Often fibroscopy is normal, and does not confirm the “reflux”

The gastroesophageal reflux will be authenticated by an examination called pHmetry which quantifies the existence or not of reflux by 24 hours by measuring the degree of acidity of the esophagus. This examination involves introducing a probe, through the nose, into the esophagus. On the probe, sensors collect the pH of the esophagus, and can differentiate the pathological reflux, normal. It must be done 7 days after taking any proton pump inhibitor (PPI) type drug so that the results are not affected by the medication.

In case of persistence of symptoms in a person with a history of esophagitis or positive pHmetry without treatment, a “pH-impedancemetry” under treatment can be proposed, which allows to differentiate liquid, gaseous, acidic or nonacid reflux.

Finally, in order to be complete, it is possible to detect motor disorders of oesophageal conduction by the practice of a TOGD: oeso gastro duodenal transit. It allows visualizing the contours of the esophagus and its movements after ingestion of an opaque radio product. It can detect the contours of a hiatal hernia.
Other examinations, the manometry and the “high resolution manometry” make it possible to analyze, by sensors intra oesophageal, the motricity of the esophagus.

Some people have a functional disorder, a visceral hypersensitivity (the mucosa of their esophagus is sensitive): they find a normal endoscopy, a normal acid exposure (pHmetry), a total number of physiological reflux, normal, but a concordance between the symptoms and reflux under impedancemetry.

Prevention of gastroesophageal reflux (heartburn)

How to prevent gastro-oesophageal reflux?
Smoking and obesity contribute significantly to the onset of reflux. Not smoking and maintaining a healthy weight would therefore be means of prevention. But in the current state of knowledge, in most cases there does not seem to be any other way to prevent the onset of the disease.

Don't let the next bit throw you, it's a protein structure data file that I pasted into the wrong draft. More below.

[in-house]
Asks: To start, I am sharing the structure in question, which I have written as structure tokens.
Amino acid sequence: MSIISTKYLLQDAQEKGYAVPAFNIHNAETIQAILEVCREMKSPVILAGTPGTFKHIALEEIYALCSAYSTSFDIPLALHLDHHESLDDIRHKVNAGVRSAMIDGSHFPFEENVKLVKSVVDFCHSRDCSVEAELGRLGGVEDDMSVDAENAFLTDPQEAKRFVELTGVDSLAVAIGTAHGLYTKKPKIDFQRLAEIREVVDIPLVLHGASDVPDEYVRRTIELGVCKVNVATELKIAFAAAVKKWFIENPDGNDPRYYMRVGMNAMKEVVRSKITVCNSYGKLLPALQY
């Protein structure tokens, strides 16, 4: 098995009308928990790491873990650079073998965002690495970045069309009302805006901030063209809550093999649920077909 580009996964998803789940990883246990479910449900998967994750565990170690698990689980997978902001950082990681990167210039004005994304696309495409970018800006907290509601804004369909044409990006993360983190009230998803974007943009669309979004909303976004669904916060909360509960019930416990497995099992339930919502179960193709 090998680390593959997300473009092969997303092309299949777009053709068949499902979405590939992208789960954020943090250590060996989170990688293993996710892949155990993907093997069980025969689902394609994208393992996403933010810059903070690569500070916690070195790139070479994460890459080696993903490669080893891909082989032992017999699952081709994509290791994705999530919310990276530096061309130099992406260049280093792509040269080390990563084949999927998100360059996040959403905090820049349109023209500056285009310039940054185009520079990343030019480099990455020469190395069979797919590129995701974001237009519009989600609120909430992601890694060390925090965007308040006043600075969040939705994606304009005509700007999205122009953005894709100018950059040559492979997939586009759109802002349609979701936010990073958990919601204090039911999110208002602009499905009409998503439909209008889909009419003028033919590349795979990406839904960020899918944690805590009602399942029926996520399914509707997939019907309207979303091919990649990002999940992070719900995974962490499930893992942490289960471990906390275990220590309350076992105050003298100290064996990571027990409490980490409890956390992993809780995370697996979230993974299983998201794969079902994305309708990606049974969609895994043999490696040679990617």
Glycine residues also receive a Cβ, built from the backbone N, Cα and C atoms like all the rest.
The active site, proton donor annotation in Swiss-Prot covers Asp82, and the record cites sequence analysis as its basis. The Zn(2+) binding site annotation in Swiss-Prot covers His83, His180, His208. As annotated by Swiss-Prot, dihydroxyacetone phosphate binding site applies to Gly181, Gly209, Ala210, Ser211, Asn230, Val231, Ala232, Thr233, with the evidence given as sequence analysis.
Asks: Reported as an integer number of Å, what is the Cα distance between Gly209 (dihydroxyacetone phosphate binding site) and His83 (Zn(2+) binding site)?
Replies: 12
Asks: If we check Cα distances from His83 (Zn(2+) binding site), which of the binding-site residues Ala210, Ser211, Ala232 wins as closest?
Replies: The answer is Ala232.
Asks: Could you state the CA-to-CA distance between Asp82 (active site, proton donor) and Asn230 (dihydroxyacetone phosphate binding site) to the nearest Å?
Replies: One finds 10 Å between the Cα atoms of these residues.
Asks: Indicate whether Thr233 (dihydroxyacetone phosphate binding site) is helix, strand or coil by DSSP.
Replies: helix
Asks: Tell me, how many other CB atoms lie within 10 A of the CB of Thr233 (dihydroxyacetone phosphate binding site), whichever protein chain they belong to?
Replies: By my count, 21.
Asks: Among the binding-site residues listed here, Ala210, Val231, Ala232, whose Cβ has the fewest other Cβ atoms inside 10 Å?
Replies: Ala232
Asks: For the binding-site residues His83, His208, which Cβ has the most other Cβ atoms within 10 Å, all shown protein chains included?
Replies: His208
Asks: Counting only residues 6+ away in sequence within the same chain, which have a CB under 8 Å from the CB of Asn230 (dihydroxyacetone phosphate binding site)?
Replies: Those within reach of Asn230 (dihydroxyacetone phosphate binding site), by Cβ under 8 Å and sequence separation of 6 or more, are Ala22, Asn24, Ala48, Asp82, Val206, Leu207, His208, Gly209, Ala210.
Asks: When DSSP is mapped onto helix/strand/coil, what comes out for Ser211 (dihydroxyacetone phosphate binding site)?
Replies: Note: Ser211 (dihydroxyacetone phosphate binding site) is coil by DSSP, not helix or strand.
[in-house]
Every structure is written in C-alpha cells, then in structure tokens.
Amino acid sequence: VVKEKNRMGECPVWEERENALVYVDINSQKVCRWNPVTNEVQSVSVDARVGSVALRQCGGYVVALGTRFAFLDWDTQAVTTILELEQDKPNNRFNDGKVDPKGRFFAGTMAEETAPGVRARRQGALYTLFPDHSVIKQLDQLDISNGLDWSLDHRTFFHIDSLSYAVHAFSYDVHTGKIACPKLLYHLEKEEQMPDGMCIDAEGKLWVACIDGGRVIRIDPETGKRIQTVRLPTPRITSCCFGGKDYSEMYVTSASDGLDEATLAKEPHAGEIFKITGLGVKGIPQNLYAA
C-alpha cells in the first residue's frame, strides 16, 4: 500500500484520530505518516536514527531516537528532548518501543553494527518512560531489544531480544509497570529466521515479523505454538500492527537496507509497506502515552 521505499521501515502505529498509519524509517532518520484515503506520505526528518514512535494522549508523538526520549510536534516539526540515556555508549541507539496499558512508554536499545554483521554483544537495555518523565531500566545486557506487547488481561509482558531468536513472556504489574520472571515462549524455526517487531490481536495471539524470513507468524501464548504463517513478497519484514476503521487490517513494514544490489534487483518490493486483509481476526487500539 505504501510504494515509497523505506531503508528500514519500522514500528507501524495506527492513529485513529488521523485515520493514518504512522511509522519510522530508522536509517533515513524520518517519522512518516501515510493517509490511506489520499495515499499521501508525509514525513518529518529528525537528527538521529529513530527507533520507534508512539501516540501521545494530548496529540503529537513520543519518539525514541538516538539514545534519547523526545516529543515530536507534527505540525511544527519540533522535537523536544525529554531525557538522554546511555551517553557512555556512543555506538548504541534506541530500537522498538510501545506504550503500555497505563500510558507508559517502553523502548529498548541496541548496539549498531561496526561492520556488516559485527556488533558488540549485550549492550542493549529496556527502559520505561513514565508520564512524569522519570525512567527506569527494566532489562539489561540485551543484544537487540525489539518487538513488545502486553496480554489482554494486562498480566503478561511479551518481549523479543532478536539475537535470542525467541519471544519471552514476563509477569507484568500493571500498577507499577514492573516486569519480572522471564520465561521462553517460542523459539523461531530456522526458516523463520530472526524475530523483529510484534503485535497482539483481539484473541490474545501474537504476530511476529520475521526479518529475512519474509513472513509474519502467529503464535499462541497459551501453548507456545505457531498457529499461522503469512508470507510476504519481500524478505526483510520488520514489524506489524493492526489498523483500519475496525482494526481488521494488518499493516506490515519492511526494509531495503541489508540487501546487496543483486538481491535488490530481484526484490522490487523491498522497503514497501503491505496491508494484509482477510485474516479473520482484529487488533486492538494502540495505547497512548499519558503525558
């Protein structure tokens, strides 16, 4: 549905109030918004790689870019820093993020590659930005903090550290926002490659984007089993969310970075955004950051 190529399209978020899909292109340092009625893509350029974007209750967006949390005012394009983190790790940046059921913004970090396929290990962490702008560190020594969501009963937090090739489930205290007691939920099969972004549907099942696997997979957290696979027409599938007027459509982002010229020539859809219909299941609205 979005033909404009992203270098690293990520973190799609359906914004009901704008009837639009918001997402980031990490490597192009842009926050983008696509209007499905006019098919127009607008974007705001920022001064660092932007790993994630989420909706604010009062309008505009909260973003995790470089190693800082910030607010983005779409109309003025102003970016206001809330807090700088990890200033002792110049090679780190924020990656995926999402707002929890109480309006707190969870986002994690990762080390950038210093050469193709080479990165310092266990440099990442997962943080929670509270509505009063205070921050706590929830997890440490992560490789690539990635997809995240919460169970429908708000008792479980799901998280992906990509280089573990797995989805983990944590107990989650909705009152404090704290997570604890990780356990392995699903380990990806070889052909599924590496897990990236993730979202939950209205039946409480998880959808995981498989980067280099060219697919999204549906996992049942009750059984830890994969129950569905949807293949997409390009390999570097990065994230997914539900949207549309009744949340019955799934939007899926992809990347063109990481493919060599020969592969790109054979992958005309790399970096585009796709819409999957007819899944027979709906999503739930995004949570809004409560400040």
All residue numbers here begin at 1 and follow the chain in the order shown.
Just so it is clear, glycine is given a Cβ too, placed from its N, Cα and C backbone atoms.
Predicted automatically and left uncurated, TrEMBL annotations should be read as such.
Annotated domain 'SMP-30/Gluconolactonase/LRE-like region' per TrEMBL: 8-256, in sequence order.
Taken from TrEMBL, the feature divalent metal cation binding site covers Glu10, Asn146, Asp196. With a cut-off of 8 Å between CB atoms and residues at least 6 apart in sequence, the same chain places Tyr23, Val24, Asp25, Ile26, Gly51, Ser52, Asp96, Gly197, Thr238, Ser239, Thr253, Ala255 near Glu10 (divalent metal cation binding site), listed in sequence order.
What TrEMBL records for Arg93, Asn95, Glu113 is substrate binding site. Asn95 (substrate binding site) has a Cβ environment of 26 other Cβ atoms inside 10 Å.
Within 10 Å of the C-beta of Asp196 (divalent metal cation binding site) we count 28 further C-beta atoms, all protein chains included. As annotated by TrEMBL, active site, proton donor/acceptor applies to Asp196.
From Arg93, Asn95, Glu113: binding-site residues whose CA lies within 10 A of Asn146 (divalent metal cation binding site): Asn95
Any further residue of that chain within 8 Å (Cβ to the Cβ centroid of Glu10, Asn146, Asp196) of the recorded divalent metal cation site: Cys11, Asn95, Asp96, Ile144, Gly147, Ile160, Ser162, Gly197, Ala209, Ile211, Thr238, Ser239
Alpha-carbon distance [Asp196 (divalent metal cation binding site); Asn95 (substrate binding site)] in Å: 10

Measures to reduce symptoms and prevent recurrence
Try to find out what the lifestyle is that alleviates your symptoms and discuss it with your doctor or nutritionist. These habits can vary from person to person. However, for the majority of people with reflux, it is easy to adopt the following good measures:

  • If you are overweight on the scale, try to lose a few pounds. Overweight and obesity are the main risk factors for reflux. Several studies have shown that voluntary weight loss can reduce symptoms in a sustainable way.
  • No study clearly shows the link between foods and worsening reflux. However, people with reflux often observe that certain foods make their symptoms worse, such as coffee, chocolate, fatty or spicy foods , soft drinks , citrus fruits (and their juices ), tomatoes, milk, and onions. Avoiding eating these foods can help reduce reflux.
  • Avoid eating peppermint and spearmint, which may affect the relaxation of the esophageal sphincter. Coffee would not be involved.
  • Avoid fatty and hearty meals. Some studies have pointed out those meals high in fat aggravated reflux, although this hypothesis remains controversial. In all cases, prefer light meals, but more frequent to facilitate the “emptying” of the stomach and avoid acid reflux.
  • Eat slowly: taking the time to chew food effectively does not overload the stomach.
  • Get out of satiated table but not “full stomach”
  • Avoid lying down after eating (wait two to three hours).
  • Avoid eating for three to four hours before bedtime.
  • For smokers … stop smoking! Tobacco slows the healing of oesophageal lesions and impairs the functioning of the sphincter.
  • Reduce your alcohol consumption. Alcohol increases acid secretion in the stomach and aggravates reflux. Above all, do not drink alcohol on an empty stomach.
  • Avoid tension and stress.